By Sean Bennett


SACRAMENTO (CBS13) – It’s the last day of school for kids at seven local schools that may not reopen come next year.

“It’s kind of hard to believe,” said Jesse Shaver, who graduated from Mark Hopkins Elementary.

The school is one of seven schools to close Thursday in the Sacramento Unified School District.

“It’s really sad,” said Shaver. “It’s been a landmark in the community for a long time in this neighborhood.”

Parents and family members attending a promotion ceremony Thursday were torn up that the school district says the reason for the closures is due to low enrollment and a multi-million dollar debt facing the district.

schools closed

“This is kind of like a poor community and now parents got to take their kids to a farther school, which means more gas and more money,” said Moa Laui, whose sister attends Mark Hopkins.

Earlier this week, a group filed a federal lawsuit claiming civil rights violations. They say the district targeted low income and minority students when they closed the schools.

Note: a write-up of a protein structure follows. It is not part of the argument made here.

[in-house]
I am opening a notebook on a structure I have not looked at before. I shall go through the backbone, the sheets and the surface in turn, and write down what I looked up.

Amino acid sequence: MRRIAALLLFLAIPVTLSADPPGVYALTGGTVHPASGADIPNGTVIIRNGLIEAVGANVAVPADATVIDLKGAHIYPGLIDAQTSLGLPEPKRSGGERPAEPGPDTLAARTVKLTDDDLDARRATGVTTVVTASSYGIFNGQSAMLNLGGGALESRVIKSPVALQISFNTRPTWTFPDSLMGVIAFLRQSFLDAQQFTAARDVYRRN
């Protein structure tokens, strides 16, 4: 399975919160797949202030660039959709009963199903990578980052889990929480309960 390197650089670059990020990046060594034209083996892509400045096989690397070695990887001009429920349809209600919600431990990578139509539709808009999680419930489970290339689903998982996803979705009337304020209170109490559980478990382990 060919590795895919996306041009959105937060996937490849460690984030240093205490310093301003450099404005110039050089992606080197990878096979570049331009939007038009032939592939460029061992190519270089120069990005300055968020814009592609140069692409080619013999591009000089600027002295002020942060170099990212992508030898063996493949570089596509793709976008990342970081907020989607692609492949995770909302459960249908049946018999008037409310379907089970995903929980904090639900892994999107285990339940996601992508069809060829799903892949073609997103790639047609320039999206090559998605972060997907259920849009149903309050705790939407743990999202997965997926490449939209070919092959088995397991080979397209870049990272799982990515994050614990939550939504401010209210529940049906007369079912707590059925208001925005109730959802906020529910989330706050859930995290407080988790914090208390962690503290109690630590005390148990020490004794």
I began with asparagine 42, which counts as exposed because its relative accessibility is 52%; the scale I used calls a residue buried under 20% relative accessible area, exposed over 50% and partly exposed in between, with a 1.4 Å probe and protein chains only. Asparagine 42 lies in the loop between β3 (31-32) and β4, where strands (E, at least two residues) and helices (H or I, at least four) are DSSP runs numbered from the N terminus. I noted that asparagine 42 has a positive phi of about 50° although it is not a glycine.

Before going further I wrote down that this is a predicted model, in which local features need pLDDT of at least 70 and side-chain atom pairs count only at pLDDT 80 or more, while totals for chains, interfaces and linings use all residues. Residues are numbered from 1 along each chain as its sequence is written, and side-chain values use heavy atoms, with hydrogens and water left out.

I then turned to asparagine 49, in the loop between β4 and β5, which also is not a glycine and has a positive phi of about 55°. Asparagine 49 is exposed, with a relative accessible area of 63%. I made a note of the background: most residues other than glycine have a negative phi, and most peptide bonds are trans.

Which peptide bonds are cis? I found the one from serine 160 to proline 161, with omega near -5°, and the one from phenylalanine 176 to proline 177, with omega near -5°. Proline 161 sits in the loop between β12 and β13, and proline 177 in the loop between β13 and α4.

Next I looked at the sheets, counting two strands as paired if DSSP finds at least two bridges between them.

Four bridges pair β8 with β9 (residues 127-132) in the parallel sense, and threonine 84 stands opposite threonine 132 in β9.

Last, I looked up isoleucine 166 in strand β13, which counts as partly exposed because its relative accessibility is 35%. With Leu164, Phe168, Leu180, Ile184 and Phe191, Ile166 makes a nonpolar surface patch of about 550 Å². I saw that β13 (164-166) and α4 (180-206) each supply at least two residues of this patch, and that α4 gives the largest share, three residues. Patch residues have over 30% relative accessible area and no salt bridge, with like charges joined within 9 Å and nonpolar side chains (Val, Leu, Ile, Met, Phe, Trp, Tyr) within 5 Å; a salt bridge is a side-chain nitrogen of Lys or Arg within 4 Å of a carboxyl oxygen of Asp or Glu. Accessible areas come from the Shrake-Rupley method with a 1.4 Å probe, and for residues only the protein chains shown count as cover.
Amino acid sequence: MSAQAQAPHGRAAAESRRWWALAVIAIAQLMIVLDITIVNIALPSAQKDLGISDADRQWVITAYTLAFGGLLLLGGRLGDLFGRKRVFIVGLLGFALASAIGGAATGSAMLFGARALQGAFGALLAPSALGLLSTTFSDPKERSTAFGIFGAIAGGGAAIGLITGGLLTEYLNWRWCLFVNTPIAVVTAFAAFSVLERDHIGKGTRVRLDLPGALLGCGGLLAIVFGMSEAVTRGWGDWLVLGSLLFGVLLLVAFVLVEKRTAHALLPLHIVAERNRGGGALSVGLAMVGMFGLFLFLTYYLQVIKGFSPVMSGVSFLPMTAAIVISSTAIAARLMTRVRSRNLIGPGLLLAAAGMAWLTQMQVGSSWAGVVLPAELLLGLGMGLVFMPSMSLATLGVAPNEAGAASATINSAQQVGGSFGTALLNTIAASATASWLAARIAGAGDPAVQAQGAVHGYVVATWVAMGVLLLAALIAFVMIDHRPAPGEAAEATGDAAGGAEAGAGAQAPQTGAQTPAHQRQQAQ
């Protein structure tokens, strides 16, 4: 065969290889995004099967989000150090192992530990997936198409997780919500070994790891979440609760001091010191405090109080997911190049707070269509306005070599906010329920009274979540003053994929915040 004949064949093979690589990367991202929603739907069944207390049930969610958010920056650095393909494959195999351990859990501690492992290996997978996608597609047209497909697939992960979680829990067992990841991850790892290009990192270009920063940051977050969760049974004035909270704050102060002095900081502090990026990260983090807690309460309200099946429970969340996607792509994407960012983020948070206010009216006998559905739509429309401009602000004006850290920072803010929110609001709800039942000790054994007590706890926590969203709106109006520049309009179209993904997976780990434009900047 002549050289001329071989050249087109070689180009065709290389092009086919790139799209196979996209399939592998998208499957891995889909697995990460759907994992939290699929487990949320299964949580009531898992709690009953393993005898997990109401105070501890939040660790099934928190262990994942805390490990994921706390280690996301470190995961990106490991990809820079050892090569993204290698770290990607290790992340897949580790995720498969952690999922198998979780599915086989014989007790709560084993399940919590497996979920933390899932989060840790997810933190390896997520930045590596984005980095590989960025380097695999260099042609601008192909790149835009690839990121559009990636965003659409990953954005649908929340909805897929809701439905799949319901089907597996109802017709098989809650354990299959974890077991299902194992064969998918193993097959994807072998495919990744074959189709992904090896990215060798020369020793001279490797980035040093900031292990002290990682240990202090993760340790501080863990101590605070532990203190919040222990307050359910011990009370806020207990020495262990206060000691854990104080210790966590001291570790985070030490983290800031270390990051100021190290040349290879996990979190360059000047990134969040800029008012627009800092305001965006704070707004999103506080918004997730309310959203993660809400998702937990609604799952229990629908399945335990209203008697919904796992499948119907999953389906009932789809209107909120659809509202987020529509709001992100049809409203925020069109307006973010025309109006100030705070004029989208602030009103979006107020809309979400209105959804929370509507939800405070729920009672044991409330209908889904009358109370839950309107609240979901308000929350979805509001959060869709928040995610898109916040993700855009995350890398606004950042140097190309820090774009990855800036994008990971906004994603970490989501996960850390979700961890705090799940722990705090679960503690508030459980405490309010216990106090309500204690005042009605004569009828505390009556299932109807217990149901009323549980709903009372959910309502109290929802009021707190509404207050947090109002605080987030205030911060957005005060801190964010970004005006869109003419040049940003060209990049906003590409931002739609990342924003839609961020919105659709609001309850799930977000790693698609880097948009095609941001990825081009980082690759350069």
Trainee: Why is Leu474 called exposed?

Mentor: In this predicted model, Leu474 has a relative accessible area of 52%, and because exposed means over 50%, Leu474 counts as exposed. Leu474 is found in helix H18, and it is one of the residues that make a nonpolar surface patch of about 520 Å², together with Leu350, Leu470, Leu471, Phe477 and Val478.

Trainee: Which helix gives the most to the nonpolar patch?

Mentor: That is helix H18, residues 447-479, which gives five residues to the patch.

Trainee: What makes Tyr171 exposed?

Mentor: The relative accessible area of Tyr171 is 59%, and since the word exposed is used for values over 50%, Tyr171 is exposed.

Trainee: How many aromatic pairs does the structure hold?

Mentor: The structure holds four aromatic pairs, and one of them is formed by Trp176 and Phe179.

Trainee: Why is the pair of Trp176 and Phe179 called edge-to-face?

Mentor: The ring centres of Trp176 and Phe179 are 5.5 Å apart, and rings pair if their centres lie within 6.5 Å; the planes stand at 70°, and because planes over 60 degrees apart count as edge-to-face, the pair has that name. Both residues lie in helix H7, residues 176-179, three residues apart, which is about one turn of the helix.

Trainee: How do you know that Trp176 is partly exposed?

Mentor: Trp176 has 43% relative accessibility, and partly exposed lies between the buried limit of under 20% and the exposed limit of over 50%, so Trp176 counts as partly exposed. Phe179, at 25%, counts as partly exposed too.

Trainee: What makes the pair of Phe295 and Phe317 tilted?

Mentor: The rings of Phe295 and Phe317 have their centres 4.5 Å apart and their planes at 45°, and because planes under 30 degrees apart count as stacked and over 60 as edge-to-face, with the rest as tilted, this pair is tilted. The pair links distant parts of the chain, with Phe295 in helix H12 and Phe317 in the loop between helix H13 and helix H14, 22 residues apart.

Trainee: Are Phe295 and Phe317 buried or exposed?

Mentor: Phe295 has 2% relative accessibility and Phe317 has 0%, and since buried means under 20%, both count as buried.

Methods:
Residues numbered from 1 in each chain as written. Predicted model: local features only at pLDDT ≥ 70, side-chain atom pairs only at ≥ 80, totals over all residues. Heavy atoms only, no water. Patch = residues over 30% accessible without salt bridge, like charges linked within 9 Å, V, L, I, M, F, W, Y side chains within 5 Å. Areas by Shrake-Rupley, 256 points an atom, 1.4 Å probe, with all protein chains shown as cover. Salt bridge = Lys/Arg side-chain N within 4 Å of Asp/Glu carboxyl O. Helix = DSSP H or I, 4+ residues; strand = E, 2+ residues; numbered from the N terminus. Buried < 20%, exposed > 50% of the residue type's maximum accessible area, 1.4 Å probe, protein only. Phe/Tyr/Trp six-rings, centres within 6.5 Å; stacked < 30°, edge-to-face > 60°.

“I was promoted from here myself in 2000, and then my dad graduated from here back in the late 60s,” said Shaver. “So it’s kind of hard to believe that it’s actually closing.”

With the closures come goodbyes.

“(My sister) was saying she got to make new friends. It’s a little bit part of life to make new friends, you got to make a new journey,” said Laui.

Washington Elementary is also one of the seven schools closing in order to save an estimated annual $1.5 million.

However, the lawsuit is giving some students and teachers hope they will be returning next school year.

“Hopefully, you know, something good will come out of it, and we’ll get a letter saying the school’s going to be open,” said parent Lenny Cervantes.

But the district isn’t planning on it.

“We’re proceeding as we were earlier this week,” said Sacramento Unified School District spokesperson Gabe Ross. “We’re proceeding based on the board action to close these seven schools.”

Ross says the school board is in the process of assigning a committee to decide what to do with the school campuses shutting down, and will continue that plan unless a judge says otherwise.

For some parents, they say they’re preparing their children for the move.

“It’s too late to be up in arms and angry about it. I mean, I was at first; but, I mean, what can you do?” said another parent. “So we just roll with the punches.”

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